25 Years Ago in Bonac Sports 08.08.13

Local sports history

July 7, 1988
    After Saturday’s Little League all-star game, Alex Walter, the Masons’ coach, picked the following to represent East Hampton in the District 36 tournament: Justin Geehreng and Guy Ficeto of the Masons; Ross Gload, Pat McGarty, and Michael Bennett of Marders; Kevin Somers, Stephen Quick, and Henry Meyer of the Town P.B.A.; Shane Davis and Philip Naglieri of the Springs Fire Department; Bud Short of the Village P.B.A.; David Barbour of March Equipment; Jeff Hand of the Amagansett Fire Department, and George Wilson of Rotary.



    The Stephen Talkhouse 2-mile race will be held Sunday at 10 a.m., beginning at the Amagansett railroad station and ending at Miss Amelia’s Cottage. The course record, 9:46, was set by John Kenney of New York City and Shelter Island in 1986.

July 14, 1988
    James Consiglio, 27, of Montauk, won Sunday’s Stephen Talkhouse 2-mile race in Amagansett in 11 minutes and 8 seconds, leading a field of 36, including Tony Venesina, 45, of Sag Harbor, who stayed with Consiglio through the first half of the race.
    The women’s winner was Annette MacNiven, 30, of Springs, who was 10th over all in 13:53.

July 21, 1988
    The East Hampton Bowl on Montauk Highway has announced that, along with bowling proprietors nationwide, it will celebrate the inclusion of bowling as a demonstration sport at the Seoul Olympics by holding a “bowling celebration” the first three weekends in August.
    During these weekends every other game bowled will be free, and the Lanes will offer bowlers and non-bowlers alike opportunities to win prizes, including three Jeep Cherokee wagons, five vacations, to Las Vegas and Atlantic City, 20 Minolta cameras, and 100 Coleman Coolers.

July 28, 1988
    While champagne and tea sandwiches were on the breakfast menu in the Hampton Classic Horse Show’s striped grand prix tent Sunday, muck was the riders’ portion in the early-morning hours of opening day, thanks to weather that had largely been inclement for the prior week.
    Riders are nothing if not intrepid; despite the rain, the show went on, and, considering the difficult footing, there were few mishaps. By about 9:30 a.m., it was time to fold up the umbrellas and to brave for the rest of the morning and afternoon a searing sun.
    Having been assailed in the past by cyclones and gale-force winds, the Classic, whose dates were moved up this year from the end of August to the end of July, can probably stand a little rain.
    Hope for better weather was the major reason for the permanent change in dates; the lengthy quarantine period for Olympics-bound horses, another.
    . . . Jimmy Lipton, of New York City and Bridgehampton, who competed in hunter classes on Chico, a quarter horse “with heart,” said, “The two sports I enjoy — showing horses over fences and flying — require absolute concentration, and the consequences of not concentrating are very serious. I think it’s important to expose yourself to real risks — we seldom take chances. The riders took chances today — the footing is dangerous, especially in the lower end of the hunter ring. We talked about it this morning, and everyone decided to go. Considering the conditions, everybody is riding remarkably well.”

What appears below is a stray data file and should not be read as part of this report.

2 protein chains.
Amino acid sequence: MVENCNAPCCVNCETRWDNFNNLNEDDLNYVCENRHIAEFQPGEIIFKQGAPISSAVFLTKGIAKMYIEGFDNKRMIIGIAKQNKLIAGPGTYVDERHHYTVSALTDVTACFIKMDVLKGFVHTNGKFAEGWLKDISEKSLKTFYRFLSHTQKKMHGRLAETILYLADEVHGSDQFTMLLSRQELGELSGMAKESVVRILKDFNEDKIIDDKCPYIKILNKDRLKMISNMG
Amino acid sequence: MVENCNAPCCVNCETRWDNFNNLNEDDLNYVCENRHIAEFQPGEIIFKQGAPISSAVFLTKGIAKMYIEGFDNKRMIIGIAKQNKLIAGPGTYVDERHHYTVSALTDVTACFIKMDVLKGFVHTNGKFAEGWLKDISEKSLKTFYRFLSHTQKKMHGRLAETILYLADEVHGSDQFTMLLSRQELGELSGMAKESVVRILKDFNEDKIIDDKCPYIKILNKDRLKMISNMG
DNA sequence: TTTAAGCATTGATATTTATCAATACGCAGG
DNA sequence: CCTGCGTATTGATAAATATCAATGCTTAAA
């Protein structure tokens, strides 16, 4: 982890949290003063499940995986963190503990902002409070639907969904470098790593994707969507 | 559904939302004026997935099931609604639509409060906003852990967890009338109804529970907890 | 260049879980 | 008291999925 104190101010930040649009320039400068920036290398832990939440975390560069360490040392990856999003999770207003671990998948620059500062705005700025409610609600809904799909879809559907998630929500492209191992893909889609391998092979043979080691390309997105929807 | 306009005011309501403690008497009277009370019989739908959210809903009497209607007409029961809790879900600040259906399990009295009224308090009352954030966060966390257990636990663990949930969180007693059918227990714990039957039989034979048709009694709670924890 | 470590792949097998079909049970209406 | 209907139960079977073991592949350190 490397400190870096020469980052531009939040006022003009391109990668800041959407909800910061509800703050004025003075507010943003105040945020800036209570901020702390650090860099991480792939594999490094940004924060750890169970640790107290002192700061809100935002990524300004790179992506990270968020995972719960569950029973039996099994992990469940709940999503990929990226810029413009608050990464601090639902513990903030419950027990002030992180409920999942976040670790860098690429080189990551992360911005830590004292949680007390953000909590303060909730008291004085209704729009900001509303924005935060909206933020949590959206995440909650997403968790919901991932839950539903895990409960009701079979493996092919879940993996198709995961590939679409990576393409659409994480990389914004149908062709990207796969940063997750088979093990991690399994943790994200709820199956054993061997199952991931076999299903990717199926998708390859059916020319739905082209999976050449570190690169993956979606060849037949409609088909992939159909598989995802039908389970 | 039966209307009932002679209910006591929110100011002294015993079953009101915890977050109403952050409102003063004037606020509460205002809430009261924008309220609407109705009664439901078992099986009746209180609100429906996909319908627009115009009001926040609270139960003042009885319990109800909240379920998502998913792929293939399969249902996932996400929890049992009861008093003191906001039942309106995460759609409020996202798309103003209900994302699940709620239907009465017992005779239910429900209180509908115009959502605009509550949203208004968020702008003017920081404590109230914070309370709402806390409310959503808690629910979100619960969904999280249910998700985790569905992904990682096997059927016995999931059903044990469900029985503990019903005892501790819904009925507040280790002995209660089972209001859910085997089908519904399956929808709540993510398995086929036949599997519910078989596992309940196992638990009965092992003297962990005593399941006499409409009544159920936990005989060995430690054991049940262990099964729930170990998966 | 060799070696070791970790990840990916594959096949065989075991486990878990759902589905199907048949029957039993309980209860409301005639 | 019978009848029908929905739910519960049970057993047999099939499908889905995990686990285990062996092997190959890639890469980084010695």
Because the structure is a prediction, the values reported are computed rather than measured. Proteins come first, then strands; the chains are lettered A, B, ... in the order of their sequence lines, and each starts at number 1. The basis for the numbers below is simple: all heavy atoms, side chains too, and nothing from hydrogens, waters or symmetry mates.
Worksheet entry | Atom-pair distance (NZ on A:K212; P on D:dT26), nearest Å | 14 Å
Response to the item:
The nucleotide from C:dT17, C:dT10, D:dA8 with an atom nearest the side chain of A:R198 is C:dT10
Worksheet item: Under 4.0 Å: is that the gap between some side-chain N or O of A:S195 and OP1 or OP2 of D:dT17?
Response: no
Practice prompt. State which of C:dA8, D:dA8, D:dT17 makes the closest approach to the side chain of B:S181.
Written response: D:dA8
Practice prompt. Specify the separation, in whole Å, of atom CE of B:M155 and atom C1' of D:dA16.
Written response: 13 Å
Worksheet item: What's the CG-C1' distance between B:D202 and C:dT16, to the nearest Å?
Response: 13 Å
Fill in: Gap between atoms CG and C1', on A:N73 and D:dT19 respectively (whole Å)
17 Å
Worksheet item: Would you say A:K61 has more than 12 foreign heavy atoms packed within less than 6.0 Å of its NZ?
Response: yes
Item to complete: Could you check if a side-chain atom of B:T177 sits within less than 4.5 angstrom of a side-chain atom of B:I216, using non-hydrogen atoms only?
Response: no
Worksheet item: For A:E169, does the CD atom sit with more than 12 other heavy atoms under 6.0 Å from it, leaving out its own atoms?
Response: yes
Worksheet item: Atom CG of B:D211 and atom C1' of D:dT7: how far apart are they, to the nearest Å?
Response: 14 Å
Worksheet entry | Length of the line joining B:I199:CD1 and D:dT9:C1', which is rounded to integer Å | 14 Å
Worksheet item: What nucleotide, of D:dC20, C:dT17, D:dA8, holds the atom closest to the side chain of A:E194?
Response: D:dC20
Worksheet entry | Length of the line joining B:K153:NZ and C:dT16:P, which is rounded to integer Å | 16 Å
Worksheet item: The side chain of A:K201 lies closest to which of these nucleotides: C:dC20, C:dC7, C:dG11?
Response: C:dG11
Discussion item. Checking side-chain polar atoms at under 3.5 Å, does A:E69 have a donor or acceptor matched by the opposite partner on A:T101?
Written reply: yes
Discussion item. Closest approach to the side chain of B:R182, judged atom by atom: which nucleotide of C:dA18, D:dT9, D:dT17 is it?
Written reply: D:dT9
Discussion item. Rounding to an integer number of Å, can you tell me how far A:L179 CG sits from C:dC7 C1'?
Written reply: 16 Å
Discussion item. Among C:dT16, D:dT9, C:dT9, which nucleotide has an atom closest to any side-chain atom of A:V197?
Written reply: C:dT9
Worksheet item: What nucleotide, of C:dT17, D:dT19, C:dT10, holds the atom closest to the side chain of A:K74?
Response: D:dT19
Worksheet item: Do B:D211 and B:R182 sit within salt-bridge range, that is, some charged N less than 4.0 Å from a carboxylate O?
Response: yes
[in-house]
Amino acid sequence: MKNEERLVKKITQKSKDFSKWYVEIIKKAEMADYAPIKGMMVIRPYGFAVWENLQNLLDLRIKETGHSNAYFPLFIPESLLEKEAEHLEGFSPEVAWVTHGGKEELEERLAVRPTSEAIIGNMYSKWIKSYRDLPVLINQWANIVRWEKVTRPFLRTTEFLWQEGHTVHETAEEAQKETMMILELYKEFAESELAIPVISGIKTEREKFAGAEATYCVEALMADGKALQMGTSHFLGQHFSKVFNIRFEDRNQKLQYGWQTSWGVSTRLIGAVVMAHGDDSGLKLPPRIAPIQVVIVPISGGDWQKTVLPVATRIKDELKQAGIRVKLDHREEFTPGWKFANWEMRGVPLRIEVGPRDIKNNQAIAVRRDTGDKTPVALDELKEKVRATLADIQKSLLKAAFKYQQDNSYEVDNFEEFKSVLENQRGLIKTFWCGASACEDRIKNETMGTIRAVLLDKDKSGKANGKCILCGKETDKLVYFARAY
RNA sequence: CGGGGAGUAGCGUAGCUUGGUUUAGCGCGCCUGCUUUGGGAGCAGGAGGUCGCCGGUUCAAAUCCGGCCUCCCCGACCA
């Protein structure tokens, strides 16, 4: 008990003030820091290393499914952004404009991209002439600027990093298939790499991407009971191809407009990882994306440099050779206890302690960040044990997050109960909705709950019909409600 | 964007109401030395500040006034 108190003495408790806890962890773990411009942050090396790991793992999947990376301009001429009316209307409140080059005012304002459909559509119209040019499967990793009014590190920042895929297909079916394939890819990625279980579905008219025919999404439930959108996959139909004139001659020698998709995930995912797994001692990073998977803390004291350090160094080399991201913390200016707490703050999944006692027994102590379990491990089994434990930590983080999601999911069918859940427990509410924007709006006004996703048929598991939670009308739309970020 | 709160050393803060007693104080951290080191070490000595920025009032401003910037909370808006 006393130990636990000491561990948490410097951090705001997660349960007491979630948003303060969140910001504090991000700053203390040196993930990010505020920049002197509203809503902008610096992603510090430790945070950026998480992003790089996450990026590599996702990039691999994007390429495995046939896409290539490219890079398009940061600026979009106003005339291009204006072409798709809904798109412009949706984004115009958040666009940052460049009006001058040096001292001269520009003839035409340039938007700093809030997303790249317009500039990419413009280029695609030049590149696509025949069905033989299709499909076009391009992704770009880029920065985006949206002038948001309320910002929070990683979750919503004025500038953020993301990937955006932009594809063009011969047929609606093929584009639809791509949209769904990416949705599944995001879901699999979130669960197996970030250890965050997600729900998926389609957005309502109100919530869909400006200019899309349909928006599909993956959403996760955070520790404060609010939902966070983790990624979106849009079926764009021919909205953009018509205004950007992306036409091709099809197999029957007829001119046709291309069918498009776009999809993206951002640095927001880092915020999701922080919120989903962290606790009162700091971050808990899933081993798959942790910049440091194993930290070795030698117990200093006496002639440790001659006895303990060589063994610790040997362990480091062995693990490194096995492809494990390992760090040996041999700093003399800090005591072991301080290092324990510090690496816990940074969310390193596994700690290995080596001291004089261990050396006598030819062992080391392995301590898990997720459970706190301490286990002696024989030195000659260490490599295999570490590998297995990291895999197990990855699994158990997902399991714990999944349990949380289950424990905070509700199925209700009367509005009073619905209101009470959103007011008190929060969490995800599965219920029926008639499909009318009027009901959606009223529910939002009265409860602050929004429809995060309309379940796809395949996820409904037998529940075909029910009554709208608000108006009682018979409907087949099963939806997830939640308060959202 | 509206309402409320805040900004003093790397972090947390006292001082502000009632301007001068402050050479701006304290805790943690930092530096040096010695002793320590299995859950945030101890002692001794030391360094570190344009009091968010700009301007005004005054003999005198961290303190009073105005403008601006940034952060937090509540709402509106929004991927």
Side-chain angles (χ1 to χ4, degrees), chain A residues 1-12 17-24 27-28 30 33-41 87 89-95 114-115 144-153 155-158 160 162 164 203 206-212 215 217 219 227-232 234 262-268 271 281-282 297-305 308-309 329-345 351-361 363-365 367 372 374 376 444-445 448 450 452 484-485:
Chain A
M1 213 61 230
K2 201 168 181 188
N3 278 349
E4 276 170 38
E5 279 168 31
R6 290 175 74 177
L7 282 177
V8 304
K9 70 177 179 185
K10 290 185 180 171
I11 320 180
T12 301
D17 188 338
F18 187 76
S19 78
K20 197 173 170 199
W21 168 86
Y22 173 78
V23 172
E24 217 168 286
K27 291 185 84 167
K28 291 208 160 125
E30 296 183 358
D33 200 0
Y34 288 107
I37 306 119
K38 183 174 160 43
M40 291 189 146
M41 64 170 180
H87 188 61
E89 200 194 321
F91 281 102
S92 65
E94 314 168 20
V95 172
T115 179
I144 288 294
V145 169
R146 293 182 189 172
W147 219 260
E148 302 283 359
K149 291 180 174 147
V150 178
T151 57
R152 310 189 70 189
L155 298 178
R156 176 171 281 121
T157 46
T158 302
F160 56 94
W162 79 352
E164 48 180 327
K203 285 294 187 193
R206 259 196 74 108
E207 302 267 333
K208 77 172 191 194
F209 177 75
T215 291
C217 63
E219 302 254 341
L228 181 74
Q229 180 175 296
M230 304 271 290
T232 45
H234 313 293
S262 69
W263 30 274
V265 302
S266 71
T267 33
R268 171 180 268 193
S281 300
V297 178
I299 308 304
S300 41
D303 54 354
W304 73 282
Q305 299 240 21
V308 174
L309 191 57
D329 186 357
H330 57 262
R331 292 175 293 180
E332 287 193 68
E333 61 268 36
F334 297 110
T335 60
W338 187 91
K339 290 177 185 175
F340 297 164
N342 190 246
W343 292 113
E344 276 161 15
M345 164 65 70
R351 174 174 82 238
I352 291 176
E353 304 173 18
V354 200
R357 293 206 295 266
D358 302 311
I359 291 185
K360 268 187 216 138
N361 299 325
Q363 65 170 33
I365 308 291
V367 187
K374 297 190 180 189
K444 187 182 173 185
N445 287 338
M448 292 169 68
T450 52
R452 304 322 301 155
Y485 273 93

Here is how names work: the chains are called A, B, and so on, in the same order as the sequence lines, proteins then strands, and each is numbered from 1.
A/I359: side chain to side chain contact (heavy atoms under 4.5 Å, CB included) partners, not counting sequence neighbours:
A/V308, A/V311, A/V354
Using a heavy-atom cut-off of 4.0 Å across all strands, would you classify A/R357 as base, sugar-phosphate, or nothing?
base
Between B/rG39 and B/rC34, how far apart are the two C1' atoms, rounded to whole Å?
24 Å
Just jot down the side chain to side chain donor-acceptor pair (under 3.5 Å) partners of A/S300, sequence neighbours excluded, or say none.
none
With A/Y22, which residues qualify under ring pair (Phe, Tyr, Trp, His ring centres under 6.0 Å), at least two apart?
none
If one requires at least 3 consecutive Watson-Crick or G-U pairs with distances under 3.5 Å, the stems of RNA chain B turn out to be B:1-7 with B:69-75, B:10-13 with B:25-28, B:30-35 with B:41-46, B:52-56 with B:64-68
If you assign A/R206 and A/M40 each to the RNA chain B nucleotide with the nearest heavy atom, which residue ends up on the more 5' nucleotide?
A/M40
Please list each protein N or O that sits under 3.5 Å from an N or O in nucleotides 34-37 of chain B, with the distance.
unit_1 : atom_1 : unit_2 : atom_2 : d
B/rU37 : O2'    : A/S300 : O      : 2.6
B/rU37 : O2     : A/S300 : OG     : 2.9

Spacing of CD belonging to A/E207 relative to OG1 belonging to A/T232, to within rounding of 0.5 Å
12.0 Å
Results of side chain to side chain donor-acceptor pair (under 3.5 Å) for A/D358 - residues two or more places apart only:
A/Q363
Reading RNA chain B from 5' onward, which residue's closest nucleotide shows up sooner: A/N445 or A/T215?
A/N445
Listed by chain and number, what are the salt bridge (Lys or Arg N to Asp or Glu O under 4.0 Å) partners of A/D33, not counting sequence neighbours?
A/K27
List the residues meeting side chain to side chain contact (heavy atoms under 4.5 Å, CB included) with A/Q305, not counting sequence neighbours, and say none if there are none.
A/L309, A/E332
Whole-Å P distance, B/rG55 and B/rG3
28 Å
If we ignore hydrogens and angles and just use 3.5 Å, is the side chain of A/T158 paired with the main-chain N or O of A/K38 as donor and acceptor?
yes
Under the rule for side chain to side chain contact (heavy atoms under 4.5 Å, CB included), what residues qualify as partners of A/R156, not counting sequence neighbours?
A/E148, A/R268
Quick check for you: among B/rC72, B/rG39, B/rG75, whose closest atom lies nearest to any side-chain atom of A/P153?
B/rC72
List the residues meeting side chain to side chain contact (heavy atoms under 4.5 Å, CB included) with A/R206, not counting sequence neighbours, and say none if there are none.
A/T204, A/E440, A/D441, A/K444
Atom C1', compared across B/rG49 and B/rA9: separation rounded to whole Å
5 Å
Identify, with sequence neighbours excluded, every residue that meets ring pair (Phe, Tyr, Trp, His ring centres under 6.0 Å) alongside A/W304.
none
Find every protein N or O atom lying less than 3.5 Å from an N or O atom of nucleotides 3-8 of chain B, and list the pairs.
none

“I’m not talking of fake risks,” he continued, “the macho type, or of watching others take risks. When you really concentrate, the slate is wiped clean. It’s like taking a big eraser and erasing everything. In show jumping, the fence in front of you, generally speaking, is all there is in the world. It’s your whole world. And when you’ve had a good round — you and that 1,200 to 1,500-pound animal under you — you feel like a million dollars.”
    Once, in a mucky schooling ring, the horse Lipton was riding slipped on a turn, and went down. He got his leg out, but his shoulder was broken in three places. Six weeks later, his shoulder still in a sling, he was competing in hunter classes. “The sport’s very addictive,” he said.



    The East Hampton Little League traveling all-star squad, coached by Alex Walter and Emmett Bennett, became on Monday the first squad from here ever to play in an eastern Suffolk district final. The Little Leaguers, who had earlier in the week defeated North Patchogue 7-4 and Hampton Bays 3-0, lost 8-0 to North Shore in the final, which was played at the North Patchogue-Medford field.
    . . . Seven of North Shore’s runs were unearned as East Hampton’s defense, which had been a strong point in its first three tournament games, sagged.
    . . . The agony of defeat did not last long. “Kids bounce back,” said Walter. “By the time we hit McDonald’s on Route 101, they were in great humor.”